When I arrived in Guatemala, I felt prepared. Having visited in 2015, I thought I was ready for all I would experience. I had already seen the dump, the cemetery, and the homes clinging to the sides of ravines. I had heard difficult stories and seen the hope of the church in action. Yet, I was eager. I was eager to take my broad knowledge and make it specific. I was anxious to not only learn about what Pastor Hector and Monte Alto are doing for the community, but to build relationships and somehow encourage them in their efforts.

In Guatemala, despite my so-called knowledge of the city and its struggles, my world was rocked as I learned about the gang culture of Zone 18. I was shocked to learn that 5,000 gang members rule an area of 800,000 people. Horror set in when I learned about how the gangs extort businesses, recruit or take children from families, and murder anyone who steps out of line. Adults and children of Zone 18 feel they have no choice but to comply or even join the gangs–a sickening and heartbreaking reality.

Still, as disgusted as I was, seeing the darkness only made the light of Monte Alto shine brighter. Pastor Hector, Araceli, and the church members are going against the grain. They are reaching out to their community to make a difference. They are praying hard every day for change, and they are taking action to make that change. The gangs of the area respect the pastors, leaving the churches alone–including Monte Alto–because they know they are doing good work for the community. If that is not God’s hand of protection, what is?

While in Guatemala, I witnessed darkness and light colliding together in a deeply moving way. On Monday night, after touring the city, seeing the dump, and learning about the dire situation in Zone 18, the team and I attended a prayer service at the church. We arrived heavy-hearted from all that we had seen and heard. We were also exhausted from our long day and felt uncertain about what the coming hour would hold for us.

The service began at 7 pm with nearly the entire congregation gathering in plastic chairs lined up in the one room church building. Three girls immediately joined me in the back row, vying for my attention. For the rest of the evening, I tried to keep them entertained by making faces, clapping hands with them, and playing quietly, while still trying to stay focused on the prayer time.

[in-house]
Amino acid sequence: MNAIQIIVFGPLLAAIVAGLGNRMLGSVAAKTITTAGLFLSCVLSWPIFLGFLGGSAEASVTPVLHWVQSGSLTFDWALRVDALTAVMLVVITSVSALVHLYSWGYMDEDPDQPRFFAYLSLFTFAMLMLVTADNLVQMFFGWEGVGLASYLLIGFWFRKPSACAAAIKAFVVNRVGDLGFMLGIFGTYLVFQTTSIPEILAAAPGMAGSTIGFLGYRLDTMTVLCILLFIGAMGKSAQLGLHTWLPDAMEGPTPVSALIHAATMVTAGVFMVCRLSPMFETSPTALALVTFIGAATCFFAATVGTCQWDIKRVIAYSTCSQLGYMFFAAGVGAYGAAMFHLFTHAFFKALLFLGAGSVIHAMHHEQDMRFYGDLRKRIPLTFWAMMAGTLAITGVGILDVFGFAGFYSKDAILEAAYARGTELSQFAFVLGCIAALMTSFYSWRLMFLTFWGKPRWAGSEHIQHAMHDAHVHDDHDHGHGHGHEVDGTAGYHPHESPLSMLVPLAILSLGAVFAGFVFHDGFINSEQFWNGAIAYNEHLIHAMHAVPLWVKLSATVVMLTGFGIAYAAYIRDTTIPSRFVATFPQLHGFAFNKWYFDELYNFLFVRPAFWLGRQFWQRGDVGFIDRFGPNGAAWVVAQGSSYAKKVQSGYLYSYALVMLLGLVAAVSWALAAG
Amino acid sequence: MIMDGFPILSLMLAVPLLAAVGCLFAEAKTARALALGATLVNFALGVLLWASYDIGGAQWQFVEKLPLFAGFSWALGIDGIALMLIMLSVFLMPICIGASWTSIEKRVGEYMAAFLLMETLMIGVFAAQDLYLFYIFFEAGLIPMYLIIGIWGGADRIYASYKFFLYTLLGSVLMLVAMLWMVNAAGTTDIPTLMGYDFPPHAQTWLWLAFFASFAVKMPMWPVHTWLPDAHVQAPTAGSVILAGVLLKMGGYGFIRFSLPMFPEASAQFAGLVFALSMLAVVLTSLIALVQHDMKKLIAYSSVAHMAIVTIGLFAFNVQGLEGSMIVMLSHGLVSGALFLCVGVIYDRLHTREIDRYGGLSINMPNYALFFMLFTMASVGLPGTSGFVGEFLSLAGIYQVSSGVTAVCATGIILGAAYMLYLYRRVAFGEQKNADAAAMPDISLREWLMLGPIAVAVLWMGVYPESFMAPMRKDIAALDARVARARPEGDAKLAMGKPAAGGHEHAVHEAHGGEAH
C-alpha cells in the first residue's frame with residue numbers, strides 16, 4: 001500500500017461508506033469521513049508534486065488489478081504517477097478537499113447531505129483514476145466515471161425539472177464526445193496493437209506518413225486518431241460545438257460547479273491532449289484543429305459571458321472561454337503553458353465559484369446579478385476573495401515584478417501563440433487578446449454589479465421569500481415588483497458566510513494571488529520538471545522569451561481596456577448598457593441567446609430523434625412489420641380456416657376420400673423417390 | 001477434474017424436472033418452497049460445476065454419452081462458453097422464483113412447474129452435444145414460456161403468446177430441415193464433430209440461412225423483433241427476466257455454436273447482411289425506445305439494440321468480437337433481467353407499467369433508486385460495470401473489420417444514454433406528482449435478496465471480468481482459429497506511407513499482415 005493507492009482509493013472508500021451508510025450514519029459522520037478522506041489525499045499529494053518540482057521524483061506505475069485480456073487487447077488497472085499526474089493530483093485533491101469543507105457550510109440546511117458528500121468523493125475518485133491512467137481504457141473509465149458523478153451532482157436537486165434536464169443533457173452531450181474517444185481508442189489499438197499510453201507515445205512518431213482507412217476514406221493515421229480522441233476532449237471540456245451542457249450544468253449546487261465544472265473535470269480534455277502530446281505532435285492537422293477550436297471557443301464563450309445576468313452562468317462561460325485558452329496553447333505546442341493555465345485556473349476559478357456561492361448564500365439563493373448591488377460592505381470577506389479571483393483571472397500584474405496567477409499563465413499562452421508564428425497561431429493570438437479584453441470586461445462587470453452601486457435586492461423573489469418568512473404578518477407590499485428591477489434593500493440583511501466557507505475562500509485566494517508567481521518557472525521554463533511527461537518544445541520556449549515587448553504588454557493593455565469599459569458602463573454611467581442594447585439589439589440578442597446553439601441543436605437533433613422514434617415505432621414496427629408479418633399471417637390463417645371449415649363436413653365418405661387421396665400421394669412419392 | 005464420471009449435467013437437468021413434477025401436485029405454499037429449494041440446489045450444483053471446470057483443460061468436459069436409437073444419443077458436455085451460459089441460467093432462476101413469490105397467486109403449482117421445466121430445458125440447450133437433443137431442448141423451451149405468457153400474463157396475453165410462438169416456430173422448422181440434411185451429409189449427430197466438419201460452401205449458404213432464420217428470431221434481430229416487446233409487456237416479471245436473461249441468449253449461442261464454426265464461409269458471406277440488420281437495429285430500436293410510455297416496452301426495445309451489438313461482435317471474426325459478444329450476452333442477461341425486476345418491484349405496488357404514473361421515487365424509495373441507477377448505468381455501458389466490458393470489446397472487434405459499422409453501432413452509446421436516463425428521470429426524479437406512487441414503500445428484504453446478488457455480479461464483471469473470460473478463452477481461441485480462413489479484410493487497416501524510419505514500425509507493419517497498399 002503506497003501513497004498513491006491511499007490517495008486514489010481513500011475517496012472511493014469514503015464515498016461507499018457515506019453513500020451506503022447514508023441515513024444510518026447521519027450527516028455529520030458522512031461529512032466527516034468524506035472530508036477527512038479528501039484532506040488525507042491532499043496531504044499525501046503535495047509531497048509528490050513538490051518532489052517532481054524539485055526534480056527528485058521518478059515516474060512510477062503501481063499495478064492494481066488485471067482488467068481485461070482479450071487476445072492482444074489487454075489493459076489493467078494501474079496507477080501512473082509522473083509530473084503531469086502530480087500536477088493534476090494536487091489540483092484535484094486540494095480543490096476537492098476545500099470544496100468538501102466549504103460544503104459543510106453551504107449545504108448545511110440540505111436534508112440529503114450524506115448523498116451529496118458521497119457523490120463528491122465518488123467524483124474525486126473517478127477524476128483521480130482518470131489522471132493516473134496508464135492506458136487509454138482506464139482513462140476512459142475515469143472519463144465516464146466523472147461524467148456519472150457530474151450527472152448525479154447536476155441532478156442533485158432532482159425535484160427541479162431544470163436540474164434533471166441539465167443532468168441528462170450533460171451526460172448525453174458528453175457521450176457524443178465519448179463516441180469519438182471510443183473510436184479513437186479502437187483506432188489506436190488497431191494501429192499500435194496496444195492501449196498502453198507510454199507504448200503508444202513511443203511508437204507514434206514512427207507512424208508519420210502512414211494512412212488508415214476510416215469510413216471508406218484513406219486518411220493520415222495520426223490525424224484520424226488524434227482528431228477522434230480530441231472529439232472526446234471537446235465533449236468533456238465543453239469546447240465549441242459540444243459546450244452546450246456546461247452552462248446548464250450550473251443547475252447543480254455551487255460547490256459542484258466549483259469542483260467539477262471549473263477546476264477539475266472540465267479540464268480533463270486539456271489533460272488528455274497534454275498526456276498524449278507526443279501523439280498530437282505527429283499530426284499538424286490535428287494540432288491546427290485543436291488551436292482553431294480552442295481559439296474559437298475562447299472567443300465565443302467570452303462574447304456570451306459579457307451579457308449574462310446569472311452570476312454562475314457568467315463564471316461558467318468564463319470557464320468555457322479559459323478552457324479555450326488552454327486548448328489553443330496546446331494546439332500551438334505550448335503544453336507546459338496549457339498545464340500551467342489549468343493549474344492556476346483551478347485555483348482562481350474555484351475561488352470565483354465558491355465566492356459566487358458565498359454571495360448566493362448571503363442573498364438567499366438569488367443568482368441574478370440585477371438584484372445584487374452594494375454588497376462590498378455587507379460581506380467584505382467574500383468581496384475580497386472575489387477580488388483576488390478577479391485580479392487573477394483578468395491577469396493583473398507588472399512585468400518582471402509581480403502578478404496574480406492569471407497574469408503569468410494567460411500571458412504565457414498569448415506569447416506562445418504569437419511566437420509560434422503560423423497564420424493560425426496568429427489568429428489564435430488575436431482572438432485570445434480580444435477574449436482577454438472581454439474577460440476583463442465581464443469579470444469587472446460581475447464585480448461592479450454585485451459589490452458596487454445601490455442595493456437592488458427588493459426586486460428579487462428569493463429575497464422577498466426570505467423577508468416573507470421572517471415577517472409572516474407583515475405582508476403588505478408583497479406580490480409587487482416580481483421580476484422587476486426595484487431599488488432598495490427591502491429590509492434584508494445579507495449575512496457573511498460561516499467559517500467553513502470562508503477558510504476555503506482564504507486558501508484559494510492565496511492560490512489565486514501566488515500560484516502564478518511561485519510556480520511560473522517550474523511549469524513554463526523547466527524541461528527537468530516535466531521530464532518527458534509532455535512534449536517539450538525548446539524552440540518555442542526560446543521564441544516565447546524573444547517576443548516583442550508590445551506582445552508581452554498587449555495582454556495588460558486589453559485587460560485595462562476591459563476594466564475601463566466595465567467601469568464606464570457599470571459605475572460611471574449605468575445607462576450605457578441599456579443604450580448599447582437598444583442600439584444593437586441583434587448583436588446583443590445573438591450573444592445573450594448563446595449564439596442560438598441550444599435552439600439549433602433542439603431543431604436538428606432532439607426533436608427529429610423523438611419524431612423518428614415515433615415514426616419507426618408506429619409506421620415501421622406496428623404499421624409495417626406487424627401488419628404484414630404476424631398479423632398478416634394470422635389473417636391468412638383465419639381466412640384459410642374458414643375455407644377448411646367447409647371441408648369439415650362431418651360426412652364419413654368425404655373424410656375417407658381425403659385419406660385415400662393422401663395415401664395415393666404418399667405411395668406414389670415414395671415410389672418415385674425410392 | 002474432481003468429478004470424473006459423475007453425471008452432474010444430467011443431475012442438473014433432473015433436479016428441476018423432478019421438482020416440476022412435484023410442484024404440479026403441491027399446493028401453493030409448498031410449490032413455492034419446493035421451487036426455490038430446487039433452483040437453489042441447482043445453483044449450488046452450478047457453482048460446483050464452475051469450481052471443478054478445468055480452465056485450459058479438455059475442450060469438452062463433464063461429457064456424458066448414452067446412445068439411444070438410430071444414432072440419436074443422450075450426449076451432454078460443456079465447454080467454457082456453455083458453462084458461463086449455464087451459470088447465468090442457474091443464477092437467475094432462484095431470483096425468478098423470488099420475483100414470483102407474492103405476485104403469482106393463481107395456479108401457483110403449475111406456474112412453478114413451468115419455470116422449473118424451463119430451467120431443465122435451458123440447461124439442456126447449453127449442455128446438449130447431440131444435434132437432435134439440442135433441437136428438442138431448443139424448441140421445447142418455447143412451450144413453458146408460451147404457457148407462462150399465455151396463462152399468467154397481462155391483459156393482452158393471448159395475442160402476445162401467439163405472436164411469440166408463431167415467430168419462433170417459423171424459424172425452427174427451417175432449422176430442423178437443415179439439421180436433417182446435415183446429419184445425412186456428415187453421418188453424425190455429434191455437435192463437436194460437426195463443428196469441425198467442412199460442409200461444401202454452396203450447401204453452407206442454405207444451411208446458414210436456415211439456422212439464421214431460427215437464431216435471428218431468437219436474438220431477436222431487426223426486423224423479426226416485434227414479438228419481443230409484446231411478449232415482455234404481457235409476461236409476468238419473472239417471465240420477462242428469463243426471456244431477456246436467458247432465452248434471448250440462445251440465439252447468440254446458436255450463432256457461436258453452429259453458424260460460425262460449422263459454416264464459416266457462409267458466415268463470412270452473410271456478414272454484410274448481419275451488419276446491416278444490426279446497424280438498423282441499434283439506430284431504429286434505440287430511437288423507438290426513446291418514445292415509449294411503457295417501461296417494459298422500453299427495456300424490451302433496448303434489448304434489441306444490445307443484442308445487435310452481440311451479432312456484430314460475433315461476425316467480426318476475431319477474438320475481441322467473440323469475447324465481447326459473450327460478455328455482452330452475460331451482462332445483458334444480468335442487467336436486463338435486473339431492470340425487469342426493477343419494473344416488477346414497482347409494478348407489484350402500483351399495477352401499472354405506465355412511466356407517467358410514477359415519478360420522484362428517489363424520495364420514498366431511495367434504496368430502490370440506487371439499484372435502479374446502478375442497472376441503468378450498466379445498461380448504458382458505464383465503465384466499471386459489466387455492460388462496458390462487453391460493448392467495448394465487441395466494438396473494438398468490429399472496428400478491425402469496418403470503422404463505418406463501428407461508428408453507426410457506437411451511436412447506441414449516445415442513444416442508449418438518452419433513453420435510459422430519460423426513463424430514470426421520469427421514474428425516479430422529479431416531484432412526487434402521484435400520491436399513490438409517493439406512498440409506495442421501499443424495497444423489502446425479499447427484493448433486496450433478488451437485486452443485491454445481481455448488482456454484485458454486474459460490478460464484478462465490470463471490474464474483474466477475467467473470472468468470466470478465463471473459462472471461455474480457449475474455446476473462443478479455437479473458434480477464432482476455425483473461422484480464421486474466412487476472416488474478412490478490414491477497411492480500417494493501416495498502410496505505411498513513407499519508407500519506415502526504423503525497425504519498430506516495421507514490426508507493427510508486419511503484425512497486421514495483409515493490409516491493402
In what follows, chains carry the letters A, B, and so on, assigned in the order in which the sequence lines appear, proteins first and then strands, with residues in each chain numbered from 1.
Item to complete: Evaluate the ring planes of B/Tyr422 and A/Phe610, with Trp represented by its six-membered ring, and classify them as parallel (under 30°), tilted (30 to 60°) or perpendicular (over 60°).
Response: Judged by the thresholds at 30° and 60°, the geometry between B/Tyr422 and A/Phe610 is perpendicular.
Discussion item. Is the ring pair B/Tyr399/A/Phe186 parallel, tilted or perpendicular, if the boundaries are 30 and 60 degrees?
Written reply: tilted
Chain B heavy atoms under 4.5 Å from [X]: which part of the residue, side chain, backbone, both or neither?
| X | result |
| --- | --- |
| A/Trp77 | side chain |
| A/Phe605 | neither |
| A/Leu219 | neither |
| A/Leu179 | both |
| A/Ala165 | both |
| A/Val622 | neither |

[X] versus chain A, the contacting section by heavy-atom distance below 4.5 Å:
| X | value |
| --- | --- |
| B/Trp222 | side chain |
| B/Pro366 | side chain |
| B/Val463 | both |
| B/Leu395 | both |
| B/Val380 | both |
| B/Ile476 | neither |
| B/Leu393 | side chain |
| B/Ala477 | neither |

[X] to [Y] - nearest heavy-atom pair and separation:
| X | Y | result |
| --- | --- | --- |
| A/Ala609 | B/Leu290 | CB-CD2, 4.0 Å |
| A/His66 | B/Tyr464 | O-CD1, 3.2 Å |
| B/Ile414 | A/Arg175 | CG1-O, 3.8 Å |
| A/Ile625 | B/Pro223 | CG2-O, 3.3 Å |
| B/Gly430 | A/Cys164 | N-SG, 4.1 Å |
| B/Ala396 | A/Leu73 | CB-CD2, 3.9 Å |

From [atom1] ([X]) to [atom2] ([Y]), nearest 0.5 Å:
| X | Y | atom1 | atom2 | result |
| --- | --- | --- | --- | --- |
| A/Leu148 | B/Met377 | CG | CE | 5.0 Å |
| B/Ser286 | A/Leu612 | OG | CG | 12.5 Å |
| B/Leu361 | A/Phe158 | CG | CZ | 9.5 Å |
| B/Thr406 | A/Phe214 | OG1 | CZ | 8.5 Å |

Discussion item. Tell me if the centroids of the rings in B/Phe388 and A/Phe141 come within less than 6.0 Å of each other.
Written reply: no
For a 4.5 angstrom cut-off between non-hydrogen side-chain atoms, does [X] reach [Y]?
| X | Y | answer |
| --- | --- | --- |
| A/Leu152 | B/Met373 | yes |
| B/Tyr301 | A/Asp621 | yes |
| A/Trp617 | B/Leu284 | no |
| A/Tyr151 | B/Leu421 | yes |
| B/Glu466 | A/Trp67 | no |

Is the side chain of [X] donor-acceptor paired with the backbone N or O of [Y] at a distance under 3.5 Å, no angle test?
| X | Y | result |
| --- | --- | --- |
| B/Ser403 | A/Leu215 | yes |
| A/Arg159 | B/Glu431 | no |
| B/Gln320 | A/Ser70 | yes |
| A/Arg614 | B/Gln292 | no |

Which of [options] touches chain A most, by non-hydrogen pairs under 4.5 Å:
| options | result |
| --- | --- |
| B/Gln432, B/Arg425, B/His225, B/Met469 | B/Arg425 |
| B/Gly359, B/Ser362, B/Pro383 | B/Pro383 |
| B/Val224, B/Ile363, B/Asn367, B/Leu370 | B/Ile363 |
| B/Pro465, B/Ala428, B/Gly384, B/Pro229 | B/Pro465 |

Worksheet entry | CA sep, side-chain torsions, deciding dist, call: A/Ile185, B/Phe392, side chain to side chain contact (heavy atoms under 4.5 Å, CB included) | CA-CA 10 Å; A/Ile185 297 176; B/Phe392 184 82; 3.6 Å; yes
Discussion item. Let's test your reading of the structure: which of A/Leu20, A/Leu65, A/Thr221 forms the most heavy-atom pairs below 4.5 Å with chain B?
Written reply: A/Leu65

The service was a cacophony of noise as members of the church stepped onto the concrete stage, picked up the microphone, and wailed loud prayers and pleadings to God. A man played on the keyboard and sang seemingly random phrases of praise. Every member of the congregation was standing with arms raised, muttering agreements and prayers, while tears streamed down their faces. The emotionally-heavy experience had the added weight of mystery, as the Spanish words were unfamiliar. 

Yet, through the chaos, there was an understanding. We did not need to understand the words being prayed; we could sense the brokenness of the hearts that prayed them. Perhaps they were hurting for their families and for their community.  Maybe they were grieving the loss of husbands to gang violence or drugs. I imagine they were begging in desperation for better lives for their children, and revival for their community. desperate for change and hungry for revival.

Though we did not know the words being spoken, the understanding given by the Holy Spirit brought a beautiful unity. As the people of Monte Alto cried out with words, we joined their intercession. Corinne put her arm around a crying woman, standing by her side as she prayed. Liz and Charlotte knelt on the floor with the pastor’s wife. Nancy played with a baby sitting near her. I held the little girls around me close, praying for God to give them a future and a hope.


That night, neither the language barrier nor the spiritual darkness of the area could stop us. The Lord was at work. He was listening to the cries of His people and uniting His body for action. The Crossing Church and Monte Alto became a family that night–a family ready to fight injustice, meet needs, and bring the light of the Gospel to the darkest of places. 

This is the spirit of Church Partnership–a complementary relationship between two churches guided by a common vision and sustained by an equal willingness to learn, to serve, to grow, and to extend grace to one another under the Lordship of Jesus Christ. Through Church Partnership, churches pray together, weep together, celebrate victories together, and join forces to strengthen families and care for orphaned and vulnerable children. In the face of cultural differences and language barriers, the unity of the Body of Christ is captivating.